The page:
The Dancer

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Chapter 10

“Ollie!”

“Yeah!” I yelled across the dance studio in response to someone in my dance group that had called out to me. She was in casual clothing, and like everyone else in the room had just gotten to changing out of their practice uniforms. I picked up my backpack, watching as she gestured towards the office she had just stepped out of.

“The instructor’s looking for you,” she said before looking away and walking to catch up with her friend group. I looked on for a while before turning my gaze to the door with a worried look. Every time I’ve been in there I’ve had talks with my instructor about not being around much, or not just being available. I wondered what she wanted to talk to me about now. I’ve been active, I’ve been around more. Wasn’t that what she wanted?

I let out a sigh, adjusting the straps of my backpack before making my way to her office. There’s only one way to find out, I guess. I thought to myself, turning the knob of the door and pushing it open before stepping into the small office. My dance instructor looked up from her computer before giving me a smile. Her blonde hair was still tied up from practice, and her smile looked a bit tired, maybe she was stressed.

“Take a seat,” she said, gesturing to the one in front of her table. I complied, settling down on it before looking around the room. She had a lot of posters up, and I could spot family pictures taped by the corner of the wall close to her desk. She didn’t say anything for a while and just kept doing what she had been doing before I walked into her office.

“I want to ask you something,” she said, leaning back in her seat. I looked over at her, looking her square in the face as she stared at me. I wasn’t sure why I was nervous, but the way she was gauging me with her eyes made me feel uncomfortable. “I heard you’re transgender, is that true?” she asked, and my eyes went wide before I looked down at my hands. I fidgeted with my fingers, nodding slowly. I refused to look up, I didn’t want to see the look on her face.

“Is that why you’re always missing this practice or the other. You’re meeting up with doctors?” she said, and I stayed silent. I wasn’t sure whether to feel a bit cornered now. Yes, I had taken time off for some consultations before I had top surgery. I did that, but at the same time, I wasn’t off and on at practice because of that. My state of mind and how horrible I’d been feeling for the past year really had been part of it. I hadn’t lied — okay, I did, but it had been a half lie.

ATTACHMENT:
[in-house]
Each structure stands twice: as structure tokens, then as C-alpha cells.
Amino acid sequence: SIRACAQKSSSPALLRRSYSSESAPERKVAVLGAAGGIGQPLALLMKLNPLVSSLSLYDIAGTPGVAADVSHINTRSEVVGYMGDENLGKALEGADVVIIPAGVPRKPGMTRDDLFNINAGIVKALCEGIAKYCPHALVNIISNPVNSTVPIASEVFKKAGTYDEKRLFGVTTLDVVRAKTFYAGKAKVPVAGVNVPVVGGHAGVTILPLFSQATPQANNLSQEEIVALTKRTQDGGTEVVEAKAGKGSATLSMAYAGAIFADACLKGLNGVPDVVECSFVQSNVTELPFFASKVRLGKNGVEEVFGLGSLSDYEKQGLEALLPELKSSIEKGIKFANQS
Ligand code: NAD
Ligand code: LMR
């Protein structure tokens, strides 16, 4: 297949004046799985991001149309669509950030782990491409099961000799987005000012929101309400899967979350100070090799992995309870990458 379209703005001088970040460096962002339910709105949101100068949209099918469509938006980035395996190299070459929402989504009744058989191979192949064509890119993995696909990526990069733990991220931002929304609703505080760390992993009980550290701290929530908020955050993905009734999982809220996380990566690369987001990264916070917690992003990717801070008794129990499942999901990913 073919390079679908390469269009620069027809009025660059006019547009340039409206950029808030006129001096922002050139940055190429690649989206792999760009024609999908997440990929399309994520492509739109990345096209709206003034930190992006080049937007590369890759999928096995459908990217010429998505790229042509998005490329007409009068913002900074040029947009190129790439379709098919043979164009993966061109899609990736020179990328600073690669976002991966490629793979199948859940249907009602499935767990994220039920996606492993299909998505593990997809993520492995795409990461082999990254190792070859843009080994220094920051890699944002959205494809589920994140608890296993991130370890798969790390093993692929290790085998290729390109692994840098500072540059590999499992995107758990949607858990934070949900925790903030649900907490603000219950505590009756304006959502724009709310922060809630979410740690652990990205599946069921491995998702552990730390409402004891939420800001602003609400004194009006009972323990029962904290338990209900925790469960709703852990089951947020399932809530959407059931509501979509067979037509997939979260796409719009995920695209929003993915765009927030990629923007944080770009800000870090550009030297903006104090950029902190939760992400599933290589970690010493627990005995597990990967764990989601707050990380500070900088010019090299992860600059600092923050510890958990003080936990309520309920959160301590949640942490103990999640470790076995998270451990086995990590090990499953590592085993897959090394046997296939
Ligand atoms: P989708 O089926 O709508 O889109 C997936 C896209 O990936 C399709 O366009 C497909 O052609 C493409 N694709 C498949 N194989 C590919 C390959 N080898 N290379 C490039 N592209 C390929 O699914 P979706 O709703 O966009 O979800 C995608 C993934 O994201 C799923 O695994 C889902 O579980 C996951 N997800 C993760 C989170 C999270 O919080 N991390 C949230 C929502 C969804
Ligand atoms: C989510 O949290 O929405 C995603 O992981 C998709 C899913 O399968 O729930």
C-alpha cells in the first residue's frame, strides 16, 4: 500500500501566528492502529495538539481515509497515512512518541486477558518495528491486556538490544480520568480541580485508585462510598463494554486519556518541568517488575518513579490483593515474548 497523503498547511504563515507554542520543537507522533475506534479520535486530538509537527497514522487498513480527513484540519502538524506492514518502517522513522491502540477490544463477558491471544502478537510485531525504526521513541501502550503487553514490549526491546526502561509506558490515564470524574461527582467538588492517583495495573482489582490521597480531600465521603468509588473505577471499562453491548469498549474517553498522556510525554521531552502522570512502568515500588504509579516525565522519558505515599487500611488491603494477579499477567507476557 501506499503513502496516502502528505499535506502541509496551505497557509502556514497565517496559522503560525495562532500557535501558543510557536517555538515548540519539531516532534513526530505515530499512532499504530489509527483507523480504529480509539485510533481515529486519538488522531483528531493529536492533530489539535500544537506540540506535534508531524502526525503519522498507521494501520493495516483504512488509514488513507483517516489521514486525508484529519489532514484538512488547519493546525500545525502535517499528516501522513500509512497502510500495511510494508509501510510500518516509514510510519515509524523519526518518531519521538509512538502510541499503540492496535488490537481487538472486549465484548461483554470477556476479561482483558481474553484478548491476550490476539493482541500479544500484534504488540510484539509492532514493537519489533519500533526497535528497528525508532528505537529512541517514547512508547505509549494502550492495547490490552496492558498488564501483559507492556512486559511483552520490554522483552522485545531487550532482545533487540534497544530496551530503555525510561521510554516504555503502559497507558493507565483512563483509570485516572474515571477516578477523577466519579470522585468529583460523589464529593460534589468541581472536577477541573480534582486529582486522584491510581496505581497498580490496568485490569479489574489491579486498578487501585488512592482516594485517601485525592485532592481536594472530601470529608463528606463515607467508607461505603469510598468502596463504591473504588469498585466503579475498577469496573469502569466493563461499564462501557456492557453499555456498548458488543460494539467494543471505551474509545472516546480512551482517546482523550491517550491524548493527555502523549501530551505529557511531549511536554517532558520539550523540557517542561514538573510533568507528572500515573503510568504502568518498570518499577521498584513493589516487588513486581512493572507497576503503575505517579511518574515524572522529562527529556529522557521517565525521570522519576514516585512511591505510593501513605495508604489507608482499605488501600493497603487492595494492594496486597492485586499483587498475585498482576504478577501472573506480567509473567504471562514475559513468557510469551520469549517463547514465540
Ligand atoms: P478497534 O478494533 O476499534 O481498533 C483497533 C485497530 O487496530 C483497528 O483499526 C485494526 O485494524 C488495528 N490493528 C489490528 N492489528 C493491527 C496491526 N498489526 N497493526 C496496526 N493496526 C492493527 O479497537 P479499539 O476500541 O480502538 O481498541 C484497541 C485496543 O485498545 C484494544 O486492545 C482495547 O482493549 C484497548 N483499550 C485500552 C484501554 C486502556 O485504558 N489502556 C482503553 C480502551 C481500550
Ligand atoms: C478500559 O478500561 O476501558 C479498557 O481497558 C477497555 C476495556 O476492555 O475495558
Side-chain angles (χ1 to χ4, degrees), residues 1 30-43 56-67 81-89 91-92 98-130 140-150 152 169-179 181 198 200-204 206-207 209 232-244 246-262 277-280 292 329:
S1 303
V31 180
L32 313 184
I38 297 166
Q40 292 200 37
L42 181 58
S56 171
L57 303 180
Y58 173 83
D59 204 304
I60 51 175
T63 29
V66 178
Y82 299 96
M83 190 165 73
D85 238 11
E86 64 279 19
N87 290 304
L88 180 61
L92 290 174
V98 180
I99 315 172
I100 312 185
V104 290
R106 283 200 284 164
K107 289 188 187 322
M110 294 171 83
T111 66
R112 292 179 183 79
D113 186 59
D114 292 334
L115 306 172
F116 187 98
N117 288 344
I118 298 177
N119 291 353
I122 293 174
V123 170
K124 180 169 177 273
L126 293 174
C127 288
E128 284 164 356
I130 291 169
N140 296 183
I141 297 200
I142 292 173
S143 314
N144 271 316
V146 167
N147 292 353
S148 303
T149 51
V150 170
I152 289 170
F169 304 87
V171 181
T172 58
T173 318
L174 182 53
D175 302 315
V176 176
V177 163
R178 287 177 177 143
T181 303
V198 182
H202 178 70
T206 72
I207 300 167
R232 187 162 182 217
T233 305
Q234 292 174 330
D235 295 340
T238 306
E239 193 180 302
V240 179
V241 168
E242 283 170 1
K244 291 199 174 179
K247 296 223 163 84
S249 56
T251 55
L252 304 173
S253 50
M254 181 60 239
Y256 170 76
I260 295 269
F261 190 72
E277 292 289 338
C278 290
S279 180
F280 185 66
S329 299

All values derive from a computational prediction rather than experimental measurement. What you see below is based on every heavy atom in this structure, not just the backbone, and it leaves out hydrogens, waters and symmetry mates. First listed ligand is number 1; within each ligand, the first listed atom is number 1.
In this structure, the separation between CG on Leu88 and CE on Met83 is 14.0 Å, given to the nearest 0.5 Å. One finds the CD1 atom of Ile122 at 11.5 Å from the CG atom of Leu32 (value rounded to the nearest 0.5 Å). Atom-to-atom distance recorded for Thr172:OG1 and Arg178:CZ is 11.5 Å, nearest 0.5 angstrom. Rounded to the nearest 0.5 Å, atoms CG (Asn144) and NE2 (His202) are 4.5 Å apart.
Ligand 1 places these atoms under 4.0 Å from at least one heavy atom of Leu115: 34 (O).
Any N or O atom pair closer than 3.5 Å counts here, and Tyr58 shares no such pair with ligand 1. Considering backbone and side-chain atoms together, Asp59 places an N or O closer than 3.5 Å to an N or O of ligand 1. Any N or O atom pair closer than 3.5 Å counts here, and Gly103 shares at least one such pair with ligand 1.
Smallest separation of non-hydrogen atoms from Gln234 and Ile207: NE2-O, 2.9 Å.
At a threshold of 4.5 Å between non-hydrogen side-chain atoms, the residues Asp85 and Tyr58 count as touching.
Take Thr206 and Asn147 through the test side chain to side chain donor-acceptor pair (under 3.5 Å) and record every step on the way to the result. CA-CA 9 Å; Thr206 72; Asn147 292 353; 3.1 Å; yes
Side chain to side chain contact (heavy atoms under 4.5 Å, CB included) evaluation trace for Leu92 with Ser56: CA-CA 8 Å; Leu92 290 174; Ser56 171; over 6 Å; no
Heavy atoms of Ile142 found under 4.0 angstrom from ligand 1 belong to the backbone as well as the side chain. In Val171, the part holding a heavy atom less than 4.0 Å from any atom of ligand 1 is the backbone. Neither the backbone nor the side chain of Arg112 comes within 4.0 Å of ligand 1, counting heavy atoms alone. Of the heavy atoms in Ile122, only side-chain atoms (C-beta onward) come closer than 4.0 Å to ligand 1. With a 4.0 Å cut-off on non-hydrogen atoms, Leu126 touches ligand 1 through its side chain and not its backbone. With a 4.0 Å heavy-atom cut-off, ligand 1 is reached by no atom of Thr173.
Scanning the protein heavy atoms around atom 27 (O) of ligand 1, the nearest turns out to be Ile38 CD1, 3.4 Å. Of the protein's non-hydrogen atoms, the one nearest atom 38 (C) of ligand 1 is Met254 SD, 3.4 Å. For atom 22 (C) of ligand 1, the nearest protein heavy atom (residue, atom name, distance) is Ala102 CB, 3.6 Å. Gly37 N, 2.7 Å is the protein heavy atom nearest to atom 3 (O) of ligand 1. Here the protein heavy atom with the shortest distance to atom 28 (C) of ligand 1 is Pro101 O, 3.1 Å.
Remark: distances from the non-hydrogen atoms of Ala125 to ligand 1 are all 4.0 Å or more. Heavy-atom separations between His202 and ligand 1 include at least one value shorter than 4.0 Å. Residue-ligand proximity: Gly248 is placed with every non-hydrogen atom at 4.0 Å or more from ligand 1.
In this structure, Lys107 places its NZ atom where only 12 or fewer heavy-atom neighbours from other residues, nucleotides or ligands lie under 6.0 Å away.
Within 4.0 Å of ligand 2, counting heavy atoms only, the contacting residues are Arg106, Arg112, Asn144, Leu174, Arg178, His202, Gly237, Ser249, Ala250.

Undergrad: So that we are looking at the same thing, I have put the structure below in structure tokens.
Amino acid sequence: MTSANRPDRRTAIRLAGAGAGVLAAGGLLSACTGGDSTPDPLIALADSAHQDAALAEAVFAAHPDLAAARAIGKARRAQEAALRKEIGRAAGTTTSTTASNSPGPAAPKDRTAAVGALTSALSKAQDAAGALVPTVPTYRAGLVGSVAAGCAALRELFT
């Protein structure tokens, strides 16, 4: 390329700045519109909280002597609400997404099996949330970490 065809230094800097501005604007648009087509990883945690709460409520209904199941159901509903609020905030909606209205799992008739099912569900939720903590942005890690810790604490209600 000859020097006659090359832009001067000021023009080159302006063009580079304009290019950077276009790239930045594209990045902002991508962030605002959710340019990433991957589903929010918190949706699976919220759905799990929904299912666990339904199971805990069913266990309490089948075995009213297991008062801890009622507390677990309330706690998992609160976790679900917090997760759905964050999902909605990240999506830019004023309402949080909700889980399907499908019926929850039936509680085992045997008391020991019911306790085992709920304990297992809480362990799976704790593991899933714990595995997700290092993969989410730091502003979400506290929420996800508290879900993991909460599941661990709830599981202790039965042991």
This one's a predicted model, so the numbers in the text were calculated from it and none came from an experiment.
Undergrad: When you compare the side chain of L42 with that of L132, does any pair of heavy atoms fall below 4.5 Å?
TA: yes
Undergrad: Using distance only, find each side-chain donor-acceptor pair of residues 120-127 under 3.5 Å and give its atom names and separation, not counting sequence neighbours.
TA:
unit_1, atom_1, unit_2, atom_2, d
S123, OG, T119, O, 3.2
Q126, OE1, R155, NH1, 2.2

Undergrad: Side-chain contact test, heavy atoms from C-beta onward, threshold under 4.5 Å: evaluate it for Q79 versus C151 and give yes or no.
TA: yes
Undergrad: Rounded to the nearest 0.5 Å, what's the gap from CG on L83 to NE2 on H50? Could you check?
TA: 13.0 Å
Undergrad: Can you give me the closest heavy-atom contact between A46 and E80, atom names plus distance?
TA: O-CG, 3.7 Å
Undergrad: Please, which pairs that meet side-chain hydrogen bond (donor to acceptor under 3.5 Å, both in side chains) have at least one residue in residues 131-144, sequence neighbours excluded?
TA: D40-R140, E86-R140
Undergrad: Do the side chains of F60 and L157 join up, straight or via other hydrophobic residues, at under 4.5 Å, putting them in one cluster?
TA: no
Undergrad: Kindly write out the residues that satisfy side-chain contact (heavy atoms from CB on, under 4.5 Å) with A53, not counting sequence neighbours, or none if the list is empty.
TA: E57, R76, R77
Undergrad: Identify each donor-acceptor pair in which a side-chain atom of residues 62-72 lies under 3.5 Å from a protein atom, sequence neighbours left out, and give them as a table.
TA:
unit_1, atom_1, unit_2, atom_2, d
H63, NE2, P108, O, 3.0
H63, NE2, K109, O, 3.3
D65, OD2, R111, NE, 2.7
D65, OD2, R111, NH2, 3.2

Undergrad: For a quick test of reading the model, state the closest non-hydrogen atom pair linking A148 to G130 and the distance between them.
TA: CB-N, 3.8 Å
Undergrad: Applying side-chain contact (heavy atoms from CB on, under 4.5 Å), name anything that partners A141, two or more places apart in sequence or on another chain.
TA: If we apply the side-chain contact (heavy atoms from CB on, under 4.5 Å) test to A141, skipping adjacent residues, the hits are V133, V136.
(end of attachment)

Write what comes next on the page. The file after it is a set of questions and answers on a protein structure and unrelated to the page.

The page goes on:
Lying by omission.

After a while of sitting in silence, I muttered a small yes, confirming her theory.

One thing I’ve learned since I started transitioning was that some people might take your transition as a time waster. Not a good comparison, but it’s like telling the person that’s interviewing you for a job that you were a full-time college student that would quit at the end of summer. When people think of transition they think multiple surgeries and consultations — and they think of taking time off to do these things.

Dancing takes a physical toll on your body, and as someone who wants to modify their body to see me when I look in the mirror, I know this. It’s important to me, but not everyone will see it that way. Especially dancers. Being able to imagine days, weeks — months of not being active and training your body was a red flag.

I passed well now, and I went stealth. Not really mentioning that I was transgender unless put in a situation where it was necessary, where I wanted to, or I absolutely had to. That’s why in the cloud of nerves and uneasiness my mind was going through at this moment. I kept wondering who.

Who told her?

It wasn’t other people in the dance group, that’s for sure. It was Xander, it wasn’t Advik. I stared at my dance instructor, chewing on my inner cheek as I tried to figure it out.

And then it clicked.

“I knew you were seeing the doctor, but you kept mentioning your mental health, and I believed that. I thought things would get better with time...” she trailed.

“But,” she started, narrowing her eyes at me. “Transition takes a lot of time, and I’m not sure you’ll be available when we need you—”

“I’ll be available.”

“How are you absolutely sure?” she asked, making me open my mouth before closing it. I didn’t want to get over emotional and yell at her. That wouldn’t help much.

“I’ll sort out my time and figure out where I have to be and when. That’s what I’ve been doing—”

“Well, it doesn’t work,” she said, cutting me off. I flinched, not knowing what to say, so I just stayed silent. After a while, I heard her sigh before the sound of her pulling her chair forward echoed through the room.